RUSSELL, Sam (1915-2010)

Scope and Content

Donated with Bishopsgate Institute by Russell's daughter, Ruth Miller, in August 2013.

Administrative / Biographical History

Sam Russell (pen-name of Sam Lesser, né Manassah Lesser or Manasseh Lesser) was born in Hackney on 19 March 1915, the son of Jewish-Polish immigrants. In 1934 he won a scholarship to study Egyptology at UCL, where, in 1935, he joined the Communist Party. Having been attracted to the Communist Party by its anti-fascist stance, Russell was persuaded to go to Spain to fight Franco's falangists. Telling his mother he was going to Egypt as part of his studies, he travelled to Spain in September 1936 as part of the first group of Britons to join the International Brigades. After being badly injured in 1937, Russell was no longer able to fight, but returned to Spain to broadcast propaganda, and later reported on the war for the Daily Worker.When the Daily Worker was banned in 1941, Russell worked in an aircraft factory, where he became a shop steward, before returning to journalism when the ban on the Daily Worker was lifted. In the course of his time at the Daily Worker, he reported a number of significant events from around the world. Based in Moscow from 1955 to 1959, he reported on the process of de-Stalinisation and befriended the Cambridge spies Donald Maclean and Guy Burgess. Russell also reported from Budapest during the suppression of the Hungarian Uprising in 1956, Cuba during the Cuban Missile Crisis of 1962 (at which time he interviewed Ché Guevara), and from Chile during Pinochet's coup in 1973.Russell retired in 1984, and following the demise of the Communist Party in 1991 joined the Labour Party. In later life he was heavily involved in the commemoration of volunteers from the International Brigades, and was granted Spanish citizenship in 2009 in gratitude for his service to the republic during the Civil War. He died on 2 October 2010 aged 95.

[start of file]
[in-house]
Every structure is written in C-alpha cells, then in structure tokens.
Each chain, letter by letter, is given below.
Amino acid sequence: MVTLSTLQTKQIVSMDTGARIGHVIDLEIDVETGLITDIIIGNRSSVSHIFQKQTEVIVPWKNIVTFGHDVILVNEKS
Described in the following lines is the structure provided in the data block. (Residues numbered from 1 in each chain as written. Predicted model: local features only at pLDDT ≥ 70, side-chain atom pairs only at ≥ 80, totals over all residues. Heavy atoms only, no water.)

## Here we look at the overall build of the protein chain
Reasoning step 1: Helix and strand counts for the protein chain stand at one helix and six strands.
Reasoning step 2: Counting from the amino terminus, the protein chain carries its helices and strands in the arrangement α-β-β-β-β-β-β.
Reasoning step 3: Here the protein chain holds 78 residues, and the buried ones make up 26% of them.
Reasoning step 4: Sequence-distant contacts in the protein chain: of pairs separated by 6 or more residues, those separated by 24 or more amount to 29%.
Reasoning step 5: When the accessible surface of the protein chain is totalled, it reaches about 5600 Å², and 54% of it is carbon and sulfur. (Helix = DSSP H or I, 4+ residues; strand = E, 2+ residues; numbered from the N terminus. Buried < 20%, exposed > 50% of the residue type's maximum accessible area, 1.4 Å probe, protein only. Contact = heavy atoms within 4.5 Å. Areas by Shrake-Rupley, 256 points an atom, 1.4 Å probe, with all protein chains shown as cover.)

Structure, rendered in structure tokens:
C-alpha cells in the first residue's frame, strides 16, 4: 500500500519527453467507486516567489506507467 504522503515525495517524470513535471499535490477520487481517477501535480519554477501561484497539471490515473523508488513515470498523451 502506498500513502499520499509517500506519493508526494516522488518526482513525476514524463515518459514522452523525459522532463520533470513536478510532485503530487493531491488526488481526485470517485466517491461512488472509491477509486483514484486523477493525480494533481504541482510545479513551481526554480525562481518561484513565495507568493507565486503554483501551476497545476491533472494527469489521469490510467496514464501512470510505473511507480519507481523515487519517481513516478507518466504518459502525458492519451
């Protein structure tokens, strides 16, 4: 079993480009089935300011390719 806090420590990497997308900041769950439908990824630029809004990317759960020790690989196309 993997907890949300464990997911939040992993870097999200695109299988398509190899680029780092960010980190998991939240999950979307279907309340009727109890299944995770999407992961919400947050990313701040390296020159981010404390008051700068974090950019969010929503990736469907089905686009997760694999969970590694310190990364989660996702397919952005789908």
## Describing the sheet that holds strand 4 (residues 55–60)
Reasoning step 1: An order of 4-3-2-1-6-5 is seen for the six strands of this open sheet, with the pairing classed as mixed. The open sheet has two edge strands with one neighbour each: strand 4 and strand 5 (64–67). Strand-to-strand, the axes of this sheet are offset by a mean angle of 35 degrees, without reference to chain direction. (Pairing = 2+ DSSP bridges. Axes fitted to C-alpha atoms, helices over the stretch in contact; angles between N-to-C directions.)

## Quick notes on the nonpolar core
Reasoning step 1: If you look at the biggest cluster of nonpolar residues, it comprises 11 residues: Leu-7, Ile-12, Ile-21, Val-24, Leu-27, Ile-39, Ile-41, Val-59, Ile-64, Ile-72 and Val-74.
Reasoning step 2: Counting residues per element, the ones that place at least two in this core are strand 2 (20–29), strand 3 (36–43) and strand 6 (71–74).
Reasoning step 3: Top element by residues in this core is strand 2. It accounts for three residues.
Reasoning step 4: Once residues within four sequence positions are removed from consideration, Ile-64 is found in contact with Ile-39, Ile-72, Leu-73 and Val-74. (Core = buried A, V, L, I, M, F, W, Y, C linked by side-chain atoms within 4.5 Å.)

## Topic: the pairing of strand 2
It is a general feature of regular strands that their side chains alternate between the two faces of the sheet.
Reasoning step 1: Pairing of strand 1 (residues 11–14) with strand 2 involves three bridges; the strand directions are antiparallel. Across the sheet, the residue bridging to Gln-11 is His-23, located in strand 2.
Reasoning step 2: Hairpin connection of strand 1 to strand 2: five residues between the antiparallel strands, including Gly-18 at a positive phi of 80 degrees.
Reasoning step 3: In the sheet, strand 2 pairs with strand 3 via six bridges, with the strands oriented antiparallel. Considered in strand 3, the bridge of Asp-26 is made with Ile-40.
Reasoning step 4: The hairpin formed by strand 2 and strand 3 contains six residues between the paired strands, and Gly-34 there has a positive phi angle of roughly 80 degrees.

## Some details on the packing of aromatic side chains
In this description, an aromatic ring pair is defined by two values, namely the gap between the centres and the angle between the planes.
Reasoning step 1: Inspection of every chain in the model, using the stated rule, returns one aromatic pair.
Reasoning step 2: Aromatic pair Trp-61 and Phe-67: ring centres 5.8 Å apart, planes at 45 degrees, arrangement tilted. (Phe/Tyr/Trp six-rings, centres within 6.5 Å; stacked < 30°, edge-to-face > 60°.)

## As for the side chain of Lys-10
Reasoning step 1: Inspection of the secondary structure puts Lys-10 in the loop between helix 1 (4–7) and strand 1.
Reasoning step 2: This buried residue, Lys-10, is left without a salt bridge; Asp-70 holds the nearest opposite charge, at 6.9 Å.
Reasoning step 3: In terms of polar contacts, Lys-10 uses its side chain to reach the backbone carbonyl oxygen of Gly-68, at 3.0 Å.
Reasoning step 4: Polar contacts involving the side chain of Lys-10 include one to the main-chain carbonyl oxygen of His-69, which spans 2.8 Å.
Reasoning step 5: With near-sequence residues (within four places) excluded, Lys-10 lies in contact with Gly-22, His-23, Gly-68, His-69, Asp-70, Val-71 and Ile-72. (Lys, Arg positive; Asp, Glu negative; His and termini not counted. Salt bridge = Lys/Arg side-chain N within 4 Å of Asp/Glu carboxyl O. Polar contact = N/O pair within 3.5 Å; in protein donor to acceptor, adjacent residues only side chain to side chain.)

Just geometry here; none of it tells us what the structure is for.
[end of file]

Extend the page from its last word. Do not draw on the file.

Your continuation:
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Archivist's Note

Entry compiled by Grace Biggins

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